The Sri Lankan judiciary isn’t known for being fast and effective, with major issues being the long delays of cases and lack of convictions. Many cases drag on for years. It is reported that the average time taken from committing a crime to its high court judgement is 10.2 years. As a result of these issues, I think there should be a trilingual website that holds the Sri Lankan judiciary to account using information in the public domain similar to Manthri.lk by Verité Research that holds Sri Lankan parliamentarians to account. Websites and web pages holding the Sri Lankan government to account, have been increasing this year. Examples of this include the page tracking Sri Lanka’s Open Government Partnership commitments by Transparency International Sri Lanka, the Food Tax Tracker by Advocata Institute, a page on Manthri.lk tracking parliamentary election promises and the website Budget Promises by Verité Research that tracks Sri Lanka’s annual budget promises. A similar website for the Sri Lankan judiciary would add to the growing trend of Sri Lankan websites holding the government to account. I’ll now go into my ideas of how the site could function.
This site would have pages to give details of public interest cases such as cases of bribery and corruption. These pages would give summaries of what has been happening on the case with a link to news articles on the internet for each point. The summaries could be the accused summoned to an anti-corruption agency, arrested, released on bail, indicted, called to court etc. If it’s possible and not too expensive, there could be an artificial intelligence (AI) component that goes through news stories from a list of sites and then sends the links to the team behind the site. The AI component would send the site team the list of articles from news sites, and the team would go through those articles and put the article or articles that they think is best suited on the case page. The team could also not post a single story from the AI suggestions if they find the AI suggestions to not give valid stories and they also could add stories on their own account if important news about the case has been breaking, but the AI is not picking this information up.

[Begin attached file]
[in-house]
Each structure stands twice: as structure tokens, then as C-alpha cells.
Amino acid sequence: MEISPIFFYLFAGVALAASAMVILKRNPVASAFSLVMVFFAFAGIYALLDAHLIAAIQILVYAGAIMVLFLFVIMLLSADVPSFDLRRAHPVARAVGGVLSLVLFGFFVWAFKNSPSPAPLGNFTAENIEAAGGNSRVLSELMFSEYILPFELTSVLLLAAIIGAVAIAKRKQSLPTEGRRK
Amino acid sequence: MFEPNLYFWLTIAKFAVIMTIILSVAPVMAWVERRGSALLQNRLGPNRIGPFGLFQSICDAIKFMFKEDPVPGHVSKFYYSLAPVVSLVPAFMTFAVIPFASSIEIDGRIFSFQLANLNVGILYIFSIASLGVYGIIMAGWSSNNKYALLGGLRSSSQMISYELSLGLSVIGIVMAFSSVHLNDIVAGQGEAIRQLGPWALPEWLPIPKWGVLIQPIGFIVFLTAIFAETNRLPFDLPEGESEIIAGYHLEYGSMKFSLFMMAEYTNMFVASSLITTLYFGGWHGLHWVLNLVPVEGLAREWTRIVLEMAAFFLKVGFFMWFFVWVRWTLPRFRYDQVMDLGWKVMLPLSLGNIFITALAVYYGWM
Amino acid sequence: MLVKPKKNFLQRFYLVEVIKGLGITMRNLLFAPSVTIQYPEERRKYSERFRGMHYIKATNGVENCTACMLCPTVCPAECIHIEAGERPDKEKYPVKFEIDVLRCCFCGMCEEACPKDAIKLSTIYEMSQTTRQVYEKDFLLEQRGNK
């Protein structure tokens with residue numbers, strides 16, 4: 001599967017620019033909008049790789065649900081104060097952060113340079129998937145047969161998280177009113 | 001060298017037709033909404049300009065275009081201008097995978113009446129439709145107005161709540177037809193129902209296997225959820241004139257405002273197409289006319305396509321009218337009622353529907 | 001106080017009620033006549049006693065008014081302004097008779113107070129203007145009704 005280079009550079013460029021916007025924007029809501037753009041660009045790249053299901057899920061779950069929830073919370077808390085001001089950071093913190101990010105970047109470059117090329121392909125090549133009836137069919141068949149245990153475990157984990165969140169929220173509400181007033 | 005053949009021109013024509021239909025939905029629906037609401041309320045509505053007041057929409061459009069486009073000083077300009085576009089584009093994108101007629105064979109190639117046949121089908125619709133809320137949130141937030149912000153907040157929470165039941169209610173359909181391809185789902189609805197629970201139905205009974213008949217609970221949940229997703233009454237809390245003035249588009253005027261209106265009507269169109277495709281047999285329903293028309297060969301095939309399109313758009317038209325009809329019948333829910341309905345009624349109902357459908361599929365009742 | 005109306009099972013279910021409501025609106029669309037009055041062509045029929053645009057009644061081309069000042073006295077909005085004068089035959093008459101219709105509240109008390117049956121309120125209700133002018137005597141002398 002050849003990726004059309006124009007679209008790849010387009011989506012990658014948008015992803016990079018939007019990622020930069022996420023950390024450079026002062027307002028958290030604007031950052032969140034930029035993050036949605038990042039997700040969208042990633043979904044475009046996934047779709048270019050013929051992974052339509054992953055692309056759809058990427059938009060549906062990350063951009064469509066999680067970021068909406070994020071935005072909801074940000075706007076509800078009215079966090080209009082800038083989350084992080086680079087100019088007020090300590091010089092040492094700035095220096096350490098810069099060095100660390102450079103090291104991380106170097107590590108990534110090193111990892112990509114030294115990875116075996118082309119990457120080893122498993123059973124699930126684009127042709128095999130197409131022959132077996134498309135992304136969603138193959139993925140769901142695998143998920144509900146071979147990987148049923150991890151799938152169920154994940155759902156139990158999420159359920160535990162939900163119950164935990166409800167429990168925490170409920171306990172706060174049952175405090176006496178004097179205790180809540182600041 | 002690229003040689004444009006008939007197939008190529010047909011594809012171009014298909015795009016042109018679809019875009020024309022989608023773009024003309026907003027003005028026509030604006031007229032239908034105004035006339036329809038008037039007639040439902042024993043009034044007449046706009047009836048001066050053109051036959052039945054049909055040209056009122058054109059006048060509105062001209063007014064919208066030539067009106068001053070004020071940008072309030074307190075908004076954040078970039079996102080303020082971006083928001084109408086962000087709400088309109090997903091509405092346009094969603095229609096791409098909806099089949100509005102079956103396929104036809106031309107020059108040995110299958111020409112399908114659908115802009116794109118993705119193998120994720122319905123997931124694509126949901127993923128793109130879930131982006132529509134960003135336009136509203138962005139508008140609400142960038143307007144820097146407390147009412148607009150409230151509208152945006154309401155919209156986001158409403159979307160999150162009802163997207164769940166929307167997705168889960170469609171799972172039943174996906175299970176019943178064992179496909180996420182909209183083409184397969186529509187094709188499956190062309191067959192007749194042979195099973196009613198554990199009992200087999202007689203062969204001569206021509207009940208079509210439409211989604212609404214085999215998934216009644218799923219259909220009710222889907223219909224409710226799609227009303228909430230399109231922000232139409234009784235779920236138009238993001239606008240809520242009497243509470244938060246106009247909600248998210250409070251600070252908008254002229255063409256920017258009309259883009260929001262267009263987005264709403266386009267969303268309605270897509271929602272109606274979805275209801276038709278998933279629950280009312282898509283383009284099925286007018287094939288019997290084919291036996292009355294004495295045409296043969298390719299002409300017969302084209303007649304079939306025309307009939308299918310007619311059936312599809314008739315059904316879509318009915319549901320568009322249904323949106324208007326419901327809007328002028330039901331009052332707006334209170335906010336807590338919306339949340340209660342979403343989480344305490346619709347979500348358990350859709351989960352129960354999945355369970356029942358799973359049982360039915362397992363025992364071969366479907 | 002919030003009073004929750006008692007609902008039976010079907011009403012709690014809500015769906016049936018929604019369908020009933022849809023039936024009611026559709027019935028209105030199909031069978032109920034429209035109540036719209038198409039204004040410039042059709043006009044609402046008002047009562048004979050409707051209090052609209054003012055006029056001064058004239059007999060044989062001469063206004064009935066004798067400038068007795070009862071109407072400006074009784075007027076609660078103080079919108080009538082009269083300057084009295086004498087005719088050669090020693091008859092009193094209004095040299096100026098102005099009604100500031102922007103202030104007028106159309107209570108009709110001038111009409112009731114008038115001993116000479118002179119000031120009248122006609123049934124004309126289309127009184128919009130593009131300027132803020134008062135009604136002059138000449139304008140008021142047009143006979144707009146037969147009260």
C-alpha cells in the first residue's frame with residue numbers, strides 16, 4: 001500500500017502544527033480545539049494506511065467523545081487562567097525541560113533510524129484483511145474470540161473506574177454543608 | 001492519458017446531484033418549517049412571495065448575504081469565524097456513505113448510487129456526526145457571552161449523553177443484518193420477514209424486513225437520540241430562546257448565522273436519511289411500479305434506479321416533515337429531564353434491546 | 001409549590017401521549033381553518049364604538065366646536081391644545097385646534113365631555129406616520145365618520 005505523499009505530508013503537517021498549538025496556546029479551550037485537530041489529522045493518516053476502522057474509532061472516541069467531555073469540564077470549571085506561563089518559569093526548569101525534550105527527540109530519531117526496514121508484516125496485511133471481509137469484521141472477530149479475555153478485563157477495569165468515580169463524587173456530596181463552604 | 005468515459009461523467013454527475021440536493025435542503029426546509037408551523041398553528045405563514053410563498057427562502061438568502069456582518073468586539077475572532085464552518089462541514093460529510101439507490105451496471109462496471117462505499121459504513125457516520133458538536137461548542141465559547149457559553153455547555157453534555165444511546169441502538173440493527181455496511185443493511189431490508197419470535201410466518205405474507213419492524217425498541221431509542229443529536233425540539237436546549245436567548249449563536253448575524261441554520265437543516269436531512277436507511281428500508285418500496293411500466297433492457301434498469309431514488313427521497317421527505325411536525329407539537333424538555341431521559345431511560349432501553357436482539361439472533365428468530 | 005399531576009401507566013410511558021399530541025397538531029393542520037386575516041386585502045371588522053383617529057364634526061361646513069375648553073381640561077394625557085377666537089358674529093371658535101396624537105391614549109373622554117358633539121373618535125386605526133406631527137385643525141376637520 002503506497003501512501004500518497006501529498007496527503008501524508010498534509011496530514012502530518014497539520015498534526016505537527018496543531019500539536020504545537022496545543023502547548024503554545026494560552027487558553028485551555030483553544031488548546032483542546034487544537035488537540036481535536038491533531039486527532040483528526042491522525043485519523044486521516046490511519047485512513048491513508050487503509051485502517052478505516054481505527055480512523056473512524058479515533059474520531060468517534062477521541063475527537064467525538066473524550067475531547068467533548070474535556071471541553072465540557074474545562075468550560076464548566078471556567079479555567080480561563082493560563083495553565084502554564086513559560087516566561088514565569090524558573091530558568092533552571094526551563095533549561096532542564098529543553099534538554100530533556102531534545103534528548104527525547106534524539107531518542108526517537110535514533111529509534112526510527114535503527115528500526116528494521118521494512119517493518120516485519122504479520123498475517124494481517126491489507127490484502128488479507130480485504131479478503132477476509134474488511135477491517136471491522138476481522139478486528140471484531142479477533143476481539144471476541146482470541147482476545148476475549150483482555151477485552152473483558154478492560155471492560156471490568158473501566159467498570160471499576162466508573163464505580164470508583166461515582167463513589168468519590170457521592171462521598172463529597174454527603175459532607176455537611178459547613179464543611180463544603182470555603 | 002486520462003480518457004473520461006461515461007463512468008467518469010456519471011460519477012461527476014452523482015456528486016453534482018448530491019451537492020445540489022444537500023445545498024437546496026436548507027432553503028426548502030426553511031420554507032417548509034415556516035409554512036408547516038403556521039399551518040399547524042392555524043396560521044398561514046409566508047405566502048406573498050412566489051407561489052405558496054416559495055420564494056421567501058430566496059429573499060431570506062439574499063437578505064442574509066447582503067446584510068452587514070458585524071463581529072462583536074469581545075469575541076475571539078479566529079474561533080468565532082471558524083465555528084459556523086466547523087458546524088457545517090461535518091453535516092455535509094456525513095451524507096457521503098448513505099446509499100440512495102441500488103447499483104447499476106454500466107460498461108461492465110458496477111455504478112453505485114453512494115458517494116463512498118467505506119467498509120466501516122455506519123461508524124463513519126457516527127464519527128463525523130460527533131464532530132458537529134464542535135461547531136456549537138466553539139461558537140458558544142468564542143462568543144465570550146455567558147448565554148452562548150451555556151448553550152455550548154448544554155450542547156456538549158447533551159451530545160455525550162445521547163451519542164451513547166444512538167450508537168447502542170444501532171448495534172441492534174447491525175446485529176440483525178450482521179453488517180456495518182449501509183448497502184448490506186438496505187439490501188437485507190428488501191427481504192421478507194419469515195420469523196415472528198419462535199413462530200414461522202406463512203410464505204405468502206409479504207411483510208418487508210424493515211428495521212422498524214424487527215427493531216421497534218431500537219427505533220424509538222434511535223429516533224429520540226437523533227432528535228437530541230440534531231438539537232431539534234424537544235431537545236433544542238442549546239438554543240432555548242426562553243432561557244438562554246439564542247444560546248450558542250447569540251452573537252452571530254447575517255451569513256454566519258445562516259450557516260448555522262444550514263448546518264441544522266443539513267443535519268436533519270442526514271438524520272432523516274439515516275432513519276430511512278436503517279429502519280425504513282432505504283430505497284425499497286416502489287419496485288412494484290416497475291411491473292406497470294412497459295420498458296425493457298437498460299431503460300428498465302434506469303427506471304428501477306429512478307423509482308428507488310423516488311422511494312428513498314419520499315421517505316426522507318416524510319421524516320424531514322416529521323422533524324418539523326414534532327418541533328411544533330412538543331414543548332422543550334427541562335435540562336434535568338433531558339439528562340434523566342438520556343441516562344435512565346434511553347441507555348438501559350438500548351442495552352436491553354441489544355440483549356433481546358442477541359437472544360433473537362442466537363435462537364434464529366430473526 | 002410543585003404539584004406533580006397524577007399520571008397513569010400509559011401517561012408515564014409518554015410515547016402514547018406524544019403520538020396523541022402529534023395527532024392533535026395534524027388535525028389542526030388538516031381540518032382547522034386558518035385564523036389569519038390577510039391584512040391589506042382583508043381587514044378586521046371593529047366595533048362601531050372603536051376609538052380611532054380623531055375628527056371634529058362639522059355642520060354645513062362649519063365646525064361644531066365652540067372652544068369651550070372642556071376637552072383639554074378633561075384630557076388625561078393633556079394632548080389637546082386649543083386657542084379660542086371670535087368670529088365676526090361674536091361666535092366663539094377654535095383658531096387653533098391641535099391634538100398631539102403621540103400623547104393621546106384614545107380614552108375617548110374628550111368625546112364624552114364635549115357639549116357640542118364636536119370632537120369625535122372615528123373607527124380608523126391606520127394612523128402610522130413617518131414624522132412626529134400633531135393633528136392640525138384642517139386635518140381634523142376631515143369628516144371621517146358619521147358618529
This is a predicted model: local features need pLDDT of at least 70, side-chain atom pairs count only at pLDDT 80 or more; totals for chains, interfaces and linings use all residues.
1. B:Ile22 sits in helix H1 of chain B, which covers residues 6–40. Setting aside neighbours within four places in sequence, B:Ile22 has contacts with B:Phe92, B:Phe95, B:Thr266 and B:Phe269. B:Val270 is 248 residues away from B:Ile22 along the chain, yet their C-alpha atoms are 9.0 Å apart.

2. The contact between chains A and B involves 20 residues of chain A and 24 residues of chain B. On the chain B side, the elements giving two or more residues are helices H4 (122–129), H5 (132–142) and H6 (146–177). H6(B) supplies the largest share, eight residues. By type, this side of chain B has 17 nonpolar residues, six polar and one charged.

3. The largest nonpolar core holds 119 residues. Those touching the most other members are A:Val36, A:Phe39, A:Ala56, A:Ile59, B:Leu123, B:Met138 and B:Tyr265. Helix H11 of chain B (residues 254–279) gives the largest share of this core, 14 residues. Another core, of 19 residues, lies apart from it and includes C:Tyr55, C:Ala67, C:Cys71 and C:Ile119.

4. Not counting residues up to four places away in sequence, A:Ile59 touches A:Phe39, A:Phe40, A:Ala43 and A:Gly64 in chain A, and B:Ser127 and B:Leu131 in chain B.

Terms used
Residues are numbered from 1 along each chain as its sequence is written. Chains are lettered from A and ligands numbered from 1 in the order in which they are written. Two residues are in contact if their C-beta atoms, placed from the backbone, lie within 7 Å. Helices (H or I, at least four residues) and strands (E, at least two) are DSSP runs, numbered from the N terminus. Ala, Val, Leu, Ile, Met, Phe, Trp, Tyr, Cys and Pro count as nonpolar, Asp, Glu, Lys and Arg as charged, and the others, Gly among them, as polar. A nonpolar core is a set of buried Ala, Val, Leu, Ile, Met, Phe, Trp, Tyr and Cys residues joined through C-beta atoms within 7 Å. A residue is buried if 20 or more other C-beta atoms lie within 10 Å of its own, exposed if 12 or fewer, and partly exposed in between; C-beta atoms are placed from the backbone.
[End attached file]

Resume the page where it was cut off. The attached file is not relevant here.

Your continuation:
In additional to pages on public interest cases, there would be pages that offer general statistics on Sri Lanka’s judicial system. Those interested in Sri Lanka’s judicial system who look at both pages on public interest cases and general statistics can see if there are improvements or if things are getting worse. This opens the possibility for a wide range of analysis and observations of Sri Lanka’s judicial system. Trends could be spotted such as if certain cases take longer or are less likely to secure a prosecution. This site could also show if a case is progressing at a faster pace than expected.
Those in the government may look at the site, especially people working on court cases, which could result in them making improvements to the judicial system from seeing problems of the system displayed in the site.
If you think you are capable of creating or being involved in such a website, I encourage you to work towards making this site a reality. It will give Sri Lankans important information on the state of the judiciary. People will be able to look up cases they have an interest in, find out important information about the state of the judiciary & draw conclusions and the site’s existence brings about the possibility of a better judicial system for Sri Lanka.